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Pro Tools 10 Essential Training
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Utilizing fades and crossfades


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Pro Tools 10 Essential Training

with David Franz

Video: Utilizing fades and crossfades

To create smooth edits while editing audio clips in Pro Tools, you should utilize fades at most clip beginnings and endings and crossfades between adjacent clips. Fades and crossfades are used to prevent pops, clicks and sudden changes in sound at clip boundaries, as well as to smooth transitions between clips and create special audio effects. Let's listen to where we need to apply some fades and crossfades in this session. Let me start by playing this clip down here. And what you're going to hear is the sound of it going from empty space right into this sound, and let's hear what happens.
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  1. 13m 44s
    1. Welcome
      1m 20s
    2. Exploring the different versions of Pro Tools
      3m 22s
    3. Optimizing your computer before installing Pro Tools
      4m 18s
    4. Troubleshooting
      2m 19s
    5. Using the exercise files
      2m 25s
  2. 36m 55s
    1. Installing and authorizing Pro Tools
      1m 49s
    2. Connecting your Pro Tools system
      4m 31s
    3. Powering up and powering down
      58s
    4. Choosing the Playback Engine and Hardware settings
      5m 55s
    5. Optimizing Pro Tools' performance
      6m 26s
    6. Utilizing Automatic Delay Compensation (ADC)
      3m 36s
    7. Setting essential preferences
      2m 35s
    8. Creating a Pro Tools session
      4m 31s
    9. Identifying elements in a session folder
      2m 36s
    10. Creating new tracks
      3m 58s
  3. 42m 5s
    1. Exploring the Edit window
      6m 44s
    2. Exploring the Mix window
      3m 11s
    3. Exploring the Transport and Big Counter windows
      2m 57s
    4. Using the Color palette and window arrangements
      2m 35s
    5. Investigating the menus
      3m 22s
    6. Understanding samples and ticks
      3m 34s
    7. Viewing and manipulating tracks
      4m 31s
    8. Selecting inputs, outputs, and busses
      3m 58s
    9. Selecting an I/O settings file
      4m 12s
    10. Understanding signal paths and gain stages
      3m 46s
    11. Utilizing keyboard shortcuts and Keyboard Focus
      3m 15s
  4. 21m 11s
    1. Using DigiBase and the Workspace browser
      4m 14s
    2. Importing audio
      3m 0s
    3. Importing MIDI
      2m 48s
    4. Importing session data
      5m 34s
    5. Importing tracks from a CD
      2m 51s
    6. Importing video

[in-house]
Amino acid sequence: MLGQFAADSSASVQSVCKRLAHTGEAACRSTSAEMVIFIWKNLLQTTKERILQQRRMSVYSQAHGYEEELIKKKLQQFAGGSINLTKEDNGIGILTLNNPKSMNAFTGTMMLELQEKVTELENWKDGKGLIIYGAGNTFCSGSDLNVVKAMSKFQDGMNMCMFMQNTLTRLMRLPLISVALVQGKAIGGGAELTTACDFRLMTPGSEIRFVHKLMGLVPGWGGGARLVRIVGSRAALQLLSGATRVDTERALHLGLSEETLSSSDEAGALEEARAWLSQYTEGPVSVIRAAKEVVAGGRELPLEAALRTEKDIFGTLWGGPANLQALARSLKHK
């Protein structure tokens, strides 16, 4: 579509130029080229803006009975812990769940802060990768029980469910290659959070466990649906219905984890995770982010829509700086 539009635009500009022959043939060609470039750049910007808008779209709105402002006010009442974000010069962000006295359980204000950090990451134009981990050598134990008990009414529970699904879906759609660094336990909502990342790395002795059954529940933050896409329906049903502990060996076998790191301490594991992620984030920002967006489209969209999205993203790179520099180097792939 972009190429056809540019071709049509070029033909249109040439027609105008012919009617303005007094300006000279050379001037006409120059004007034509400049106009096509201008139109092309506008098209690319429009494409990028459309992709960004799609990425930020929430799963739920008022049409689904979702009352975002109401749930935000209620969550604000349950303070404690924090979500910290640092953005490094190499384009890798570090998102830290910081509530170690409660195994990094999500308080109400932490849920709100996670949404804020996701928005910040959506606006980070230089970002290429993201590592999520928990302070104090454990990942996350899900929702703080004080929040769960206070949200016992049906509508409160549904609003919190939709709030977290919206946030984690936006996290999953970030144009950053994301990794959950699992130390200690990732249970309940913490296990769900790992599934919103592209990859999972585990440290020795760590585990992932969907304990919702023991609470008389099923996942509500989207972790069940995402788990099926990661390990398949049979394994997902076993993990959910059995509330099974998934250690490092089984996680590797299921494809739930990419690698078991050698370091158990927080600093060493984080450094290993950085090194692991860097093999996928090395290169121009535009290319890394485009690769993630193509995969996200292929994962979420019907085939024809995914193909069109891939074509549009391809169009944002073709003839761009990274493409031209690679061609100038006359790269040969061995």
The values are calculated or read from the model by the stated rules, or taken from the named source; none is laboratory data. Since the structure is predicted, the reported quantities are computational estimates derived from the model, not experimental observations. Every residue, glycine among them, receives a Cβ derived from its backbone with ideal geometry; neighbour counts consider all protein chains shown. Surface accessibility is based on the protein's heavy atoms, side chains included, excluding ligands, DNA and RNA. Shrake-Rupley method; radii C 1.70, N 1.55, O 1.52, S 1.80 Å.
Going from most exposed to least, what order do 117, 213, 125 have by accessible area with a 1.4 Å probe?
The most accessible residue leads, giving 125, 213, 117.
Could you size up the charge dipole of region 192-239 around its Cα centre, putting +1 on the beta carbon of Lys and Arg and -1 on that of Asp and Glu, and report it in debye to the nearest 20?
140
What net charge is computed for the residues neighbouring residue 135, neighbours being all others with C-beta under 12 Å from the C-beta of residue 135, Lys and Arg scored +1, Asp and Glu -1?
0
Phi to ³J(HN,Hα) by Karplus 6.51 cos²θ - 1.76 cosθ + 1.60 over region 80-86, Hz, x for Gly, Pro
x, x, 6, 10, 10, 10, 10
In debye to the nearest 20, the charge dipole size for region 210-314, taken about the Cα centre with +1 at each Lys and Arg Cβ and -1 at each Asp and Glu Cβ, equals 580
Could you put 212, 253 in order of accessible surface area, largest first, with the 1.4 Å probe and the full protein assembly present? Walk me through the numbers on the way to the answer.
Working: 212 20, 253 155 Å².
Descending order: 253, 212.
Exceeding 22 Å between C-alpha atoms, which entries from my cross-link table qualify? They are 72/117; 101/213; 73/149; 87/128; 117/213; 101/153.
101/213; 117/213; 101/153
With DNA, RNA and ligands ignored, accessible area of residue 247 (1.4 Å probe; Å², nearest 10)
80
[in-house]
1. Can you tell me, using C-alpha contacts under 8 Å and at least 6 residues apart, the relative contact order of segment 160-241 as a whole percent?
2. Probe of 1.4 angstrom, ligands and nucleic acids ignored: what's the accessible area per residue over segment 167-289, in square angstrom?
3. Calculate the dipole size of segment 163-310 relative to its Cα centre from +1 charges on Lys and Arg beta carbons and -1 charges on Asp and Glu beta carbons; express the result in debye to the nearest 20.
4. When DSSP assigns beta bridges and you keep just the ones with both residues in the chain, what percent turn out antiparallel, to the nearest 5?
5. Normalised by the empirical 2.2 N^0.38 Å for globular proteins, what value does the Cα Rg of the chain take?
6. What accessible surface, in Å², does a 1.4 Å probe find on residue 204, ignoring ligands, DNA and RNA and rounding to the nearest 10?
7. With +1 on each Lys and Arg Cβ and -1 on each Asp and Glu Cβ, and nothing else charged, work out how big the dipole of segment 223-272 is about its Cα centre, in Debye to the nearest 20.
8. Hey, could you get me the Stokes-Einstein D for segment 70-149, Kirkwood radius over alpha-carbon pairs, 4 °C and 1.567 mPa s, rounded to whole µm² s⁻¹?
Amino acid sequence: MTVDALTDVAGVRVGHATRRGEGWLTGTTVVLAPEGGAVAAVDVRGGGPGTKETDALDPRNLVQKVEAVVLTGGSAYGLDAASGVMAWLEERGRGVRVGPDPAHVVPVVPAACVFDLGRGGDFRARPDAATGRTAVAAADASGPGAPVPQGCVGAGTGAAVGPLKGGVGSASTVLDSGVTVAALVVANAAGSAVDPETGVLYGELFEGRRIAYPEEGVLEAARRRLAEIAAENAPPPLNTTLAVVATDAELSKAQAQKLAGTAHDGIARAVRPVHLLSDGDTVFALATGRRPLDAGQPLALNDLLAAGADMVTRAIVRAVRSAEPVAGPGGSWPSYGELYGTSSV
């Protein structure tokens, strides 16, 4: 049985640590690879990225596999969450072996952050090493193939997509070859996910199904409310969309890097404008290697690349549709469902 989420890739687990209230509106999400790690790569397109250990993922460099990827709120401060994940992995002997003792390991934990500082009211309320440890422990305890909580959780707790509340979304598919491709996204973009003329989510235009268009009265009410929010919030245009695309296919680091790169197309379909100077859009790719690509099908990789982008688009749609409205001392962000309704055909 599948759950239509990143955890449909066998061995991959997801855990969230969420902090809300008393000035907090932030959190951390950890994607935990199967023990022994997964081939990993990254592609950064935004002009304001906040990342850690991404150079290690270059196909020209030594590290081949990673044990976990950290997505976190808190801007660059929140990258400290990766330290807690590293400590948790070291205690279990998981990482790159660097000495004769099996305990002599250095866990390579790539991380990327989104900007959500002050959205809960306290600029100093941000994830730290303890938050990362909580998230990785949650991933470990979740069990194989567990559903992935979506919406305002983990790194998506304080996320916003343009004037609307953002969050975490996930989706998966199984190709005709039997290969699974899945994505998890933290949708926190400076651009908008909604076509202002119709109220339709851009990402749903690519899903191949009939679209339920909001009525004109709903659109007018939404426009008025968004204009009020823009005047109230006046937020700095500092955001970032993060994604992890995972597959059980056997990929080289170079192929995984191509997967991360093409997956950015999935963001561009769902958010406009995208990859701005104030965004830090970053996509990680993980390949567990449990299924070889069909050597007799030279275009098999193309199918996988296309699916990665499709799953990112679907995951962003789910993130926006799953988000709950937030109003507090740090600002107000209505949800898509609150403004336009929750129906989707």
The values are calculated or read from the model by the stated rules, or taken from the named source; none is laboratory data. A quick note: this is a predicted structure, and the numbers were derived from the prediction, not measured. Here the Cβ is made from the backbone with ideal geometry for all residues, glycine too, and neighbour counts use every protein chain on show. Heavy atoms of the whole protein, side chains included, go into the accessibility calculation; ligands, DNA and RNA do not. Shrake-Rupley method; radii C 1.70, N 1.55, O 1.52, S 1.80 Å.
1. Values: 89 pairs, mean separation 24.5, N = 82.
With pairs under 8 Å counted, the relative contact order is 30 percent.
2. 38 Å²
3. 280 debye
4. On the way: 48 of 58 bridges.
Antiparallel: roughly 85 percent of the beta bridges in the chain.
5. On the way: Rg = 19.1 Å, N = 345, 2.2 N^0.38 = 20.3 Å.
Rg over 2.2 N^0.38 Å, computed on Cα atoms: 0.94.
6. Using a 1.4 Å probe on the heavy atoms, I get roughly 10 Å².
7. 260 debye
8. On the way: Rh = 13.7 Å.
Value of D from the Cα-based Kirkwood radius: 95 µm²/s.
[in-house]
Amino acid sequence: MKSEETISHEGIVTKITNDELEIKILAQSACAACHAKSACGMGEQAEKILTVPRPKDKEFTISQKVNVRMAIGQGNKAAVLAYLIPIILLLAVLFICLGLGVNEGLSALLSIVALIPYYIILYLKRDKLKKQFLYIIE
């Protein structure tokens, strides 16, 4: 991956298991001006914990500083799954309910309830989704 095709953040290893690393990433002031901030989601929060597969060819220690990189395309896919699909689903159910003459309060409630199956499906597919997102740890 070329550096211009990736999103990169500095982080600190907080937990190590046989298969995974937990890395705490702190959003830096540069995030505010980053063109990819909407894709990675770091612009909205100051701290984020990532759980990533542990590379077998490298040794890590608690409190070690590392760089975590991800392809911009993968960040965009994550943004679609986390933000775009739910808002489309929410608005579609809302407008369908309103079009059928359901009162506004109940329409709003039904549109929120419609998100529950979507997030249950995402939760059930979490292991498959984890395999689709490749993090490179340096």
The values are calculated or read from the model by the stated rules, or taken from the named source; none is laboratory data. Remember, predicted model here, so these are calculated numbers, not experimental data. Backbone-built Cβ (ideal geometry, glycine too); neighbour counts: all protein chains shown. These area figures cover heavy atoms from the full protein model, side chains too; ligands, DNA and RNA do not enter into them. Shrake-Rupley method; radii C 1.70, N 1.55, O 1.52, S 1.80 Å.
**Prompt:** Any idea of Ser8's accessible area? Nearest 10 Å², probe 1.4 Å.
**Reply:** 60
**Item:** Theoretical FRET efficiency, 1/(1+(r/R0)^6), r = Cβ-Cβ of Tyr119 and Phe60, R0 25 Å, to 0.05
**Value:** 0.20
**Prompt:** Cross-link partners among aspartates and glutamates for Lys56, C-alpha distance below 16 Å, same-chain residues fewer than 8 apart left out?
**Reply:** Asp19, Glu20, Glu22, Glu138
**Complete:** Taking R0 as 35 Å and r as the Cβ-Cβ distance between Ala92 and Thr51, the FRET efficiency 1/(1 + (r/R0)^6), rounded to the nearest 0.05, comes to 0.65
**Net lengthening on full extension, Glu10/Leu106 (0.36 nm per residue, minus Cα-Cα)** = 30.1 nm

2m 44s
  5. 56m 46s
    1. Recording audio
      6m 13s
    2. Playing back audio and Edit window scrolling
      4m 52s
    3. Creating a click track
      5m 24s
    4. Overdubbing and using the record modes
      8m 52s
    5. Recording with playlists and Loop Record
      4m 6s
    6. Punch recording and using the monitoring modes
      4m 14s
    7. Dealing with latency and ADC
      4m 58s
    8. Creating a group
      6m 5s
    9. Adding effects while recording
      5m 16s
    10. Creating a headphone (cue) mix
      4m 29s
    11. Assigning disk allocation
      2m 17s
  6. 1h 28m
    1. Understanding nondestructive editing and region types
      3m 19s
    2. Using the Selector and Grabber tools
      3m 37s
    3. Using the Trim and Scrubber tools
      7m 5s
    4. Using the Zoomer tool and zoom presets
      5m 51s
    5. Using the Pencil tool
      3m 10s
    6. Using the Smart tool
      1m 27s
    7. Understanding the Edit modes
      5m 51s
    8. Arranging clips
      6m 40s
    9. Undoing an edit
      2m 44s
    10. Utilizing fades and crossfades
      9m 41s
    11. Building a comp track using playlists
      5m 17s
    12. Locking and muting clips
      2m 48s
    13. Special Edit window buttons
      7m 15s
    14. Creating an audio loop
      5m 19s
    15. Editing a voiceover
      9m 41s
    16. Using Elastic Time and Elastic Pitch
      9m 12s
  7. 17m 21s
    1. Working with clip groups
      4m 33s
    2. Using time, tempo, meter, key, and chord
      5m 37s
    3. Creating memory locations
      7m 11s
  8. 33m 10s
    1. Setting up MIDI on a Mac
      4m 17s
    2. Setting up MIDI on a PC
      2m 14s
    3. Setting up MIDI in Pro Tools
      2m 44s
    4. Recording MIDI data
      3m 14s
    5. Recording multiple MIDI tracks with one virtual instrument
      2m 17s
    6. Recording options for MIDI
      6m 21s
    7. Using Step Input
      4m 35s
    8. Making a drum loop with MIDI Merge
      3m 36s
    9. Composing with virtual instruments
      3m 52s
  9. 57m 1s
    1. Using the edit tools for editing MIDI data
      10m 0s
    2. Editing MIDI data in the MIDI Editor
      7m 31s
    3. Working with the MIDI Event List
      2m 12s
    4. Editing MIDI data with Event Operations
      8m 33s
    5. Quantizing MIDI tracks
      12m 16s
    6. Creating and using Groove Templates
      5m 35s
    7. Utilizing real-time properties
      5m 50s
    8. Using MIDI Learn
      5m 4s
  10. 17m 30s
    1. Exploring the Score Editor
      5m 49s
    2. Using the Score Editor
      5m 5s
    3. Setting up a score
      4m 48s
    4. Printing and exporting a score
      1m 48s
  11. 25m 39s
    1. Writing and editing automation
      6m 40s
    2. Drawing automation with the Pencil tool
      4m 2s
    3. Editing automation with the Trim and Grabber tools